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7 Nov, 2016 05:27

Trump says FBI rank & file ‘won’t let Clinton get away with crimes,’ questions email review

Trump says FBI rank & file ‘won’t let Clinton get away with crimes,’ questions email review

GOP presidential nominee Donald Trump said the FBI’s rank-and-file agents will not stop investigating Hillary Clinton’s handling of confidential information via her private server even after the FBI director said no charges would be brought against her.

Addressing a crowd of supporters gathered for a rally in Sterling Heights, Michigan, Trump argued that despite FBI chief James Comey’s statement Sunday that the probe into Clinton’s alleged national security breaches “will go on for a long, long time.” Comey earlier said that nothing incriminating was found in the emails stored on the laptop used by Clinton’s senior aide that could have warranted any charges against her.

“The rank-and-file special agents at the FBI won't let her get away with her terrible crimes, including the deletion of 33,000 emails after receiving a Congressional subpoena," Trump said. 

"Hillary Clinton is the most corrupted person ever to seek the presidency of the United States,” Trump argued.

During her tenure as Secretary of State, Hillary Clinton used a private email server for both work-related and personal email correspondence. In the course of the investigation, she turned over some 33,000 business-related messages to State Department, but deleted about the same number of personal messages.

READ MORE: ‘Process has begun’: FBI scouring 650k emails on Clinton aide husband’s laptop in reopened case

Trump then called into question the FBI’s ability to sift through hundreds of thousands of emails on whether they contain classified information in just over a week’s time.

"You can't review 650,000 new emails in eight days, you can't do it folks," Trump said, adding that Hillary Clinton was “being protected by a rigged system.”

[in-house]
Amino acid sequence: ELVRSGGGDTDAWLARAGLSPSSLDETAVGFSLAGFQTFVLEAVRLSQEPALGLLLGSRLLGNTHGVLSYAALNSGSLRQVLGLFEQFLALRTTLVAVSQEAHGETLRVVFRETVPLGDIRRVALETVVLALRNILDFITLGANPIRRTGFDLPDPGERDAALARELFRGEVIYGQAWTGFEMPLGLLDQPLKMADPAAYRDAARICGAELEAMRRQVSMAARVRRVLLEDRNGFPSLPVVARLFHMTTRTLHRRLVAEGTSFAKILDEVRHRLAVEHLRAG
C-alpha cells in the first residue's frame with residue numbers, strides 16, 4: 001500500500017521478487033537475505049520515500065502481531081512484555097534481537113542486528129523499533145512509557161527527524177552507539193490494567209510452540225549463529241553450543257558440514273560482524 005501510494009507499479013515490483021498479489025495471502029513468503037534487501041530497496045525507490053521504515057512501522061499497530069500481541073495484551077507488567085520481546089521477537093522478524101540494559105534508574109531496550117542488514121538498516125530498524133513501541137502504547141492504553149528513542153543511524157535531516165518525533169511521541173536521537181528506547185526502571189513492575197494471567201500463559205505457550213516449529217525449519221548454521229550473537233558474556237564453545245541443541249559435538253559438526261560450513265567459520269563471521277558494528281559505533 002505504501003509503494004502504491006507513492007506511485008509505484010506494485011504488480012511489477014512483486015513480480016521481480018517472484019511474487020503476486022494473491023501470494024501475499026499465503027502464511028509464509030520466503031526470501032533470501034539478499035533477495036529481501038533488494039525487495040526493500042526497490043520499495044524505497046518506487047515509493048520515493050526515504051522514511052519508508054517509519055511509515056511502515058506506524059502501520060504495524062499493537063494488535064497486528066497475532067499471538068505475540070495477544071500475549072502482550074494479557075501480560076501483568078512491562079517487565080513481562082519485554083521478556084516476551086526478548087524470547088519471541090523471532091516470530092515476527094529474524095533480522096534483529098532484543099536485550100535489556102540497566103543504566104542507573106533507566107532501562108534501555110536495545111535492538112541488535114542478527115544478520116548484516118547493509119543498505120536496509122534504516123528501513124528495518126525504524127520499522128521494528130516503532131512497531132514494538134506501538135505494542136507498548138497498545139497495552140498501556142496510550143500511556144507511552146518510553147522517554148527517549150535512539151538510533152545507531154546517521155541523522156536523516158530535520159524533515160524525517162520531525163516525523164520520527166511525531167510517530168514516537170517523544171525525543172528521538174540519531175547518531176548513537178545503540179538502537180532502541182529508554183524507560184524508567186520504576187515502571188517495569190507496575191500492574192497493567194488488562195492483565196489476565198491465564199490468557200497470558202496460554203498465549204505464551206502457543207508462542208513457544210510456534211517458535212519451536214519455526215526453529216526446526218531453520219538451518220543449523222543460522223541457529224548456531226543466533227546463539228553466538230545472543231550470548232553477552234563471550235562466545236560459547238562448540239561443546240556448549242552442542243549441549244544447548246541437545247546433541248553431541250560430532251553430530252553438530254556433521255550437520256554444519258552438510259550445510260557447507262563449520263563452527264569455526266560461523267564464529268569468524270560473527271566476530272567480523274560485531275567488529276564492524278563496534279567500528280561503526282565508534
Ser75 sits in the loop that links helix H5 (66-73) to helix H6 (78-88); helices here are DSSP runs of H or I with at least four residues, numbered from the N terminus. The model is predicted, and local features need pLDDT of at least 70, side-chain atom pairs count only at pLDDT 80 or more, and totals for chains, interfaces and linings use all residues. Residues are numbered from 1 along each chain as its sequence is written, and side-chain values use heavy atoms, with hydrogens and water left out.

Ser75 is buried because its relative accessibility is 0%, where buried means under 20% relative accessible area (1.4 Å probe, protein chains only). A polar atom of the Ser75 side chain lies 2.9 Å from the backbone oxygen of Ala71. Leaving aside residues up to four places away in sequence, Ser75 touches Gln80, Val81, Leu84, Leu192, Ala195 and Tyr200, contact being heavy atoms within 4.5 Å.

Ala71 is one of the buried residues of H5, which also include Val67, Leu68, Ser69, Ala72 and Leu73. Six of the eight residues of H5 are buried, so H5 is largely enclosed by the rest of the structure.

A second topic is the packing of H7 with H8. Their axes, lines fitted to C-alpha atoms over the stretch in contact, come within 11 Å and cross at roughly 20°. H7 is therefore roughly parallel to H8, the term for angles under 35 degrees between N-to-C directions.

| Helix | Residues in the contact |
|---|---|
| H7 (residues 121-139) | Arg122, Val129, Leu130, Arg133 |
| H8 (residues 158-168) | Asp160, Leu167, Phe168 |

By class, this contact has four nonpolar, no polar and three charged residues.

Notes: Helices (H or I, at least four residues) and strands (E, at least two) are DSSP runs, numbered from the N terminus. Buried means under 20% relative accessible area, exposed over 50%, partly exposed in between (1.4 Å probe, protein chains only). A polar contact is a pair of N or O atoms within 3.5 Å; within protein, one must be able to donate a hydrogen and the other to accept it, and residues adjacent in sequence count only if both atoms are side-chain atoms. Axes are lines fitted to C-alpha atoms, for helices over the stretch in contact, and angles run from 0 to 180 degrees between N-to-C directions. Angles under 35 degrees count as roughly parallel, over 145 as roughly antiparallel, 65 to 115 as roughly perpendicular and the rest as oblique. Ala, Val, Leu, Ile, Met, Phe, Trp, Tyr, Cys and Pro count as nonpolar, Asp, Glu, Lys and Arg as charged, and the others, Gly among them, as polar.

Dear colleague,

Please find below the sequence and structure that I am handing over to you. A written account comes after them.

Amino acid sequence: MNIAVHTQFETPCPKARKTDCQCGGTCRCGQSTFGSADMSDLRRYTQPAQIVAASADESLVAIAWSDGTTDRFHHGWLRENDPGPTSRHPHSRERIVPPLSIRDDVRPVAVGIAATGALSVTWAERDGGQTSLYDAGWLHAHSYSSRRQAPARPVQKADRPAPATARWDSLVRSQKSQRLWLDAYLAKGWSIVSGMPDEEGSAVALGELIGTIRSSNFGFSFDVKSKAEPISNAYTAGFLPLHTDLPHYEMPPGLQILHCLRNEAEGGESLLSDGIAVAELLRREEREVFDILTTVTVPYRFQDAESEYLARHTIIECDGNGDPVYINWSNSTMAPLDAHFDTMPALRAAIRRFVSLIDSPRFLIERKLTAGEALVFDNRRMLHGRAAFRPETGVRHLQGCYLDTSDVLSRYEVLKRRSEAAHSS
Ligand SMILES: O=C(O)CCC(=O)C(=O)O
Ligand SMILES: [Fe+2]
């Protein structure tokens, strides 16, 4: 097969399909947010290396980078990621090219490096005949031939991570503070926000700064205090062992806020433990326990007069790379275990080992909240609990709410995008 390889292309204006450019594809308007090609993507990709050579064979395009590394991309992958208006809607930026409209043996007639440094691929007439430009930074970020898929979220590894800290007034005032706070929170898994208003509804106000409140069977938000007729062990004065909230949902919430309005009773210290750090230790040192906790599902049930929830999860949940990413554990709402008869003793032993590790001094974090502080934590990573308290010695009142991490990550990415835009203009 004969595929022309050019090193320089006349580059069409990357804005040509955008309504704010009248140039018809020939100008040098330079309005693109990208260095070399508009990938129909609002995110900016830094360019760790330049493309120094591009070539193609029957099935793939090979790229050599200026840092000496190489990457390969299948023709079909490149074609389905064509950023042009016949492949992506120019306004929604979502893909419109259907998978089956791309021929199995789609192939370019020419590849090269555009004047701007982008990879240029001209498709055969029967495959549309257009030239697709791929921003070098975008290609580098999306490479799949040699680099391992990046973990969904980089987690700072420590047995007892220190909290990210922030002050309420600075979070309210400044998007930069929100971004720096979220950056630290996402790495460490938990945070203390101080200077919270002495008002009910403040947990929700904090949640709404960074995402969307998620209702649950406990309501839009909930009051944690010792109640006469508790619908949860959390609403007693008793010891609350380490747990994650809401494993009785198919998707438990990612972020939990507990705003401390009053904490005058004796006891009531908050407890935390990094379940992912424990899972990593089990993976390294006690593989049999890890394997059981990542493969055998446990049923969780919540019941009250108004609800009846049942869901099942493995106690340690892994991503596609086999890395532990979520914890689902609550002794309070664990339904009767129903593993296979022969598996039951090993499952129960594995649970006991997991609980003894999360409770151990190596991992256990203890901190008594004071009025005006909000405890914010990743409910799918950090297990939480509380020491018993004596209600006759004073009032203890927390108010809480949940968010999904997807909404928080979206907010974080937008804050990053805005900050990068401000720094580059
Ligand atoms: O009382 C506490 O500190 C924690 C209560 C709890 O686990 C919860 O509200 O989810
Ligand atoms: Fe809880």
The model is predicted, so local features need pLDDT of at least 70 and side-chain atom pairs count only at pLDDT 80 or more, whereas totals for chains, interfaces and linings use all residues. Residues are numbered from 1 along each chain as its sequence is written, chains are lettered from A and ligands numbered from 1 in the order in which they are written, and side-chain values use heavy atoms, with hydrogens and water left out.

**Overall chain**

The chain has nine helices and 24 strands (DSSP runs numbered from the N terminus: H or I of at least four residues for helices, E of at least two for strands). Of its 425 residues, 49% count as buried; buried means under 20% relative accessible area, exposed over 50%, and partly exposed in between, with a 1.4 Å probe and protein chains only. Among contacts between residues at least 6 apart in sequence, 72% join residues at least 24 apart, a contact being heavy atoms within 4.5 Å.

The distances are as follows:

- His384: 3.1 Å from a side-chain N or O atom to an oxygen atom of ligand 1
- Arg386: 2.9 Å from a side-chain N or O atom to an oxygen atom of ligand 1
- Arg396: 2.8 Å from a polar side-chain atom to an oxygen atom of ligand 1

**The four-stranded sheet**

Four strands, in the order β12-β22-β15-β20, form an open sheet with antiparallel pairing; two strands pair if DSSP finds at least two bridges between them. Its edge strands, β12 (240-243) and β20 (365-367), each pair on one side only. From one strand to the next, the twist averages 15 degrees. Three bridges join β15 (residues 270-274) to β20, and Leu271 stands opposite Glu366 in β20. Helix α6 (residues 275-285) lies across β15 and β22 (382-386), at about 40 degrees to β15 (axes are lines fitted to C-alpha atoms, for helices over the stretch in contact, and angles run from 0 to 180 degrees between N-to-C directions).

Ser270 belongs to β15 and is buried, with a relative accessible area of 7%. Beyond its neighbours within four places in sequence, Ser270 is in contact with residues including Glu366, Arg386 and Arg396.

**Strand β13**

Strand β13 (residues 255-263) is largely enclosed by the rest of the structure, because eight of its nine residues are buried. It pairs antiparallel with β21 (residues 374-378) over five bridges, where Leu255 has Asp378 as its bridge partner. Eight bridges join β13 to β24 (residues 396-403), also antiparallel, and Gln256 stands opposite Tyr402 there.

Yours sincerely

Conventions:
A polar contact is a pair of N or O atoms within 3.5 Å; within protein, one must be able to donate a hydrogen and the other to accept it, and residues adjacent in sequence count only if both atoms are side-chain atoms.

However, media reports claimed on Sunday that the vast majority of emails in the new batch were either found to be private, or duplicating those that had previously been reviewed by the FBI.

In light of this report, social media sprang into discussion of how much time it would take to sift through the 650,000 emails for duplicates, with one blogger even appealing to the former NSA contractor and CIA employee, whistleblower Edwards Snowden. Snowden replied that such a task would take “minutes-to-hours,” even on old laptops.

Whistleblowing group WikiLeaks, however, seemed to disagree that the case has been closed, writing in response to a tweet by General Michael T. Flynn that WikiLeaks, on its part, has published over 7 million of Clinton’s emails in total, and most had to be verified by a human, not a machine.

“Clinton uses pseudonyms and proxies, of which Huma is one, so most need to be read by hand,” WikiLeaks tweeted.

Comey’s decision to reopen the investigation into Clinton’s use of a private email server has courted much controversy, with her supporters accusing the FBI of interfering in the election process. In late October, the agency obtained a warrant to scrutinize emails, discovered on the laptop during an unrelated criminal investigation into former Congressman Anthony Weiner, who is the estranged husband of Huma Abedin, Clinton’s closest aide. 

The FBI intended to examine the contents of some 650,000 emails to ascertain if some of the messages could be linked to the Clinton probe.

On Sunday, Comey issued a statement, saying that the FBI had “reviewed all the communications that were to or from Hillary Clinton while she was Secretary of State” contained in the new batch of emails and did not find anything that would require prosecution, upholding FBI’s decision dating back to July.

In July, Comey described Clinton’s handling of emails that contained sensitive information on US policy as “extremely careless,” but did not recommend the Justice Department to press any charges against her. He said that the FBI had not found any evidence proving that she mishandled classified information on purpose, saying that “no reasonable prosecutor would bring such a case.”